Australian Priest Gives Point-by-Point Critique of Bishop’s Controversial Lecture

Australian Priest Gives Point-by-Point Critique of Bishop’s Controversial Lecture

Fr. Terence Mary Naughtin [Latin Mass chaplain for Australia’s Wagga diocese, fellow Conventual Franciscan, and longtime confrere of Bp. Vincent Long] speaks out on the bishop’s address

by Bradley Eli, M.Div., Ma.Th. • ChurchMilitant • September 15, 2016 8 Comments

SYDNEY – A lecture given in Sydney by Bp. Vincent Long of Parramatta, Australia has been thoroughly critiqued by a local priest who’s saying “the Bishop’s address manifests serious flaws and errors.”

Father Terence Mary Naughtin, OFM Conv., told ChurchMilitant he was asked by people present at the bishop’s lecture for his comments about controversial remarks he made in his public address to “more than 2,000 Catholic schoolteachers in his diocese” last month in Western Sydney.

After noting the many good things said in Bp. Long’s address, Fr. Naughtin identified in his eight-page analysis several problems, concluding that “he often conflates the idea of spiritual mercy with that of corporal mercy, failing to prioritize them rightly.”

[H]e pits the Church of the past against the Church of the present; … he implicitly pits pastoral work against the teaching of Catholic doctrine in a false dichotomy; he presents various ‘straw man’ arguments against the Church of the past; and he fails to give us a solid doctrinal basis for the pastoral work which he invites us to undertake.

ChurchMilitant asked Fr. Naughtin, who has known Bp. Long for more than 30 years and is a member of the same Conventual Franciscan religious order, if he feared any repercussions from speaking so openly on the errors manifested in the bishop’s address.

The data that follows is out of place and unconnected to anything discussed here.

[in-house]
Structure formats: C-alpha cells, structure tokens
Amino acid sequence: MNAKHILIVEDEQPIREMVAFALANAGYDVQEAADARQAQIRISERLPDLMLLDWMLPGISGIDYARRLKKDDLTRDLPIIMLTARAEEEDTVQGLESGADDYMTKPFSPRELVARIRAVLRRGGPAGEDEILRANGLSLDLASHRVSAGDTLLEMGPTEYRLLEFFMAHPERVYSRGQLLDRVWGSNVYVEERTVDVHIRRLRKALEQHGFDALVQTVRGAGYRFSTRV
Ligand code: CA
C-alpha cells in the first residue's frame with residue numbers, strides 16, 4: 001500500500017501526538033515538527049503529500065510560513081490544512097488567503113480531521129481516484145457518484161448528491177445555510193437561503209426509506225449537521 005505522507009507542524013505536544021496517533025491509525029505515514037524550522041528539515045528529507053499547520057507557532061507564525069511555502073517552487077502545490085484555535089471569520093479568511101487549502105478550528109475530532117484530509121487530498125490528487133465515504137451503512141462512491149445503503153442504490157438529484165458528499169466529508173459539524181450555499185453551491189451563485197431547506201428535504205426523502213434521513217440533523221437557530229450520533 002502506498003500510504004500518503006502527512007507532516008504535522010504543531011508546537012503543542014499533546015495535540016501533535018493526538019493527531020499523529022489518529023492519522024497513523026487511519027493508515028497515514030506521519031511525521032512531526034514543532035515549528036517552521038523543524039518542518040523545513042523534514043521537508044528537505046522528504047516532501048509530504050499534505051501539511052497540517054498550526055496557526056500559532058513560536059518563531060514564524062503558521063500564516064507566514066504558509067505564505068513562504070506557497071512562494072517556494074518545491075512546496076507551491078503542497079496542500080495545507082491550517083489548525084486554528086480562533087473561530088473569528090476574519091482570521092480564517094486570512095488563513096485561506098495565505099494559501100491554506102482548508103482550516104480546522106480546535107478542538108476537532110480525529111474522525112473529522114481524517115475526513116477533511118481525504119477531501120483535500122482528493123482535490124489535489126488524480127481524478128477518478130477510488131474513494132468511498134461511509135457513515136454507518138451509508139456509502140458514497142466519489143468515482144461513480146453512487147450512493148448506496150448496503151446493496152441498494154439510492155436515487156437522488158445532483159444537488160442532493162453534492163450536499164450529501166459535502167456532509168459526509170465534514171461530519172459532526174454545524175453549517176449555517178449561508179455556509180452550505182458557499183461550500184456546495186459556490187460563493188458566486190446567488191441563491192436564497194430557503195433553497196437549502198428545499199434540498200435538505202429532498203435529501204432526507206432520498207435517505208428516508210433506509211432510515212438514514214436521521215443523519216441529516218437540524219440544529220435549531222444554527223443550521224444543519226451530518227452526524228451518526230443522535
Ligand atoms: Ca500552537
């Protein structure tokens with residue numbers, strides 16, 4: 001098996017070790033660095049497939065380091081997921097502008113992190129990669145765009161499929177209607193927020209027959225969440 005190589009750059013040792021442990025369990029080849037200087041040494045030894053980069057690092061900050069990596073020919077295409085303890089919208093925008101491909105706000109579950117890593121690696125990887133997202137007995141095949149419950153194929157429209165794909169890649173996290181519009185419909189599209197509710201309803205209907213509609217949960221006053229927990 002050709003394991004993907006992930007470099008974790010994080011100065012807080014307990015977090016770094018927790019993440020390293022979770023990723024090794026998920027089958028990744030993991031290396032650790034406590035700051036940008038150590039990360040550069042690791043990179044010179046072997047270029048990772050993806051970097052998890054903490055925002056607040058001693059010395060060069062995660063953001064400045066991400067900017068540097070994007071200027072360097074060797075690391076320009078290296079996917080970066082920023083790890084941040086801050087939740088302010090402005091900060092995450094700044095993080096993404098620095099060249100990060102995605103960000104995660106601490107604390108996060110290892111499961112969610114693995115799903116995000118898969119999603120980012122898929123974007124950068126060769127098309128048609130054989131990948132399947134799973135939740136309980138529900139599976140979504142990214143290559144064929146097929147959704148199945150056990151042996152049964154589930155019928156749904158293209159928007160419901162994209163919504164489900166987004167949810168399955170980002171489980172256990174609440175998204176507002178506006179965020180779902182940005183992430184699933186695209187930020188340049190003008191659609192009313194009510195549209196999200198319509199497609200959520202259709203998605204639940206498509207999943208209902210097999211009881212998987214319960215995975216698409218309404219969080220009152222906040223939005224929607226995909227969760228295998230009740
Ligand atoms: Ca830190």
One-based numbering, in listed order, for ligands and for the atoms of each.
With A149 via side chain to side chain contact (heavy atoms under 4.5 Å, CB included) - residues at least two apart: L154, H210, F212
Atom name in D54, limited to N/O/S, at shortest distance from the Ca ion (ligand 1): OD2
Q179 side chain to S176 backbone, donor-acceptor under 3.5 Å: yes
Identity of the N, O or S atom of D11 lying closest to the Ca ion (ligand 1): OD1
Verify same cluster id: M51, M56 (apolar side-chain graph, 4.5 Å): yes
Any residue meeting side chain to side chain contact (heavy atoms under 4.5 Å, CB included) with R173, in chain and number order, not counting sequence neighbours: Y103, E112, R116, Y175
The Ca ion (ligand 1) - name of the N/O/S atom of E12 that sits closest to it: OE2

I fear no repercussions at all. The address was a public address and I — like everyone else — have the right to a view, just as Bishop Long has a right to his view. It is important to note that I am not attacking a person; I am responding to the contents of the address.

After studying the address, Fr. Naughtin noted in his response, “The Bishop implies that the struggles of the poor … are somehow the result of the Church’s negligence, but he neglects to point out the real origin of human misery: and that is sin and the absence of God in people’s lives.”

The Franciscan priest takes exception to Bp. Long’s tendency to “criminalize” the “Church of the past” as if the Church was “unfaithful to the demands of the Gospel,” when “it is precisely the Catholic Church which was the birthplace of … schools and the preservation of learning, hospitals, universities, and charitable organizations.”

Bishop Long, like many prelates today, seems to place corporal works of mercy above spiritual works of mercy. Father Naughtin rejects this notion. “Corporal acts of mercy are always desired but they will never be as great or as merciful as the acts of love by which the Church rescues souls from sin and error and eternal damnation,” he explained.

In his address, Long claimed that one of the greatest challenges for the Church today is making “space for everyone, especially those who have been hurt, excluded or alienated, be they abuse victims, survivors, divorcees, gays, lesbians.”

To this Fr. Naughtin, responded,

[If] by “inclusion” we mean compromising the Gospel of our Lord Jesus Christ in order to accommodate sinful lifestyles then we need to reject such an idea. … Jesus came neither to condemn us in our sins nor to condone our sins, but to save us from them.

Finally, Bp. Long’s call to stop identifying homosexual acts as “intrinsically disordered” is refuted by Fr. Naughtin. “Respect for homosexual persons and the desire for their eternal welfare are not opposed to one another,” he clarified. “They both stem from true love, the love of Jesus Christ.”

ChurchMilitant asked Fr. Naughtin if he saw similarities between Bp. Long’s lecture and the manner in which certain liberal prelates spoke, notably Cdl. Walter Kasper of Germany.

“In the Church today,” he responded, “many prelates seem to adopt a vague form of speech, which can be elusive. I am mindful of Our Lord’s instruction: ‘Let your yes be yes, and your no be no.'”

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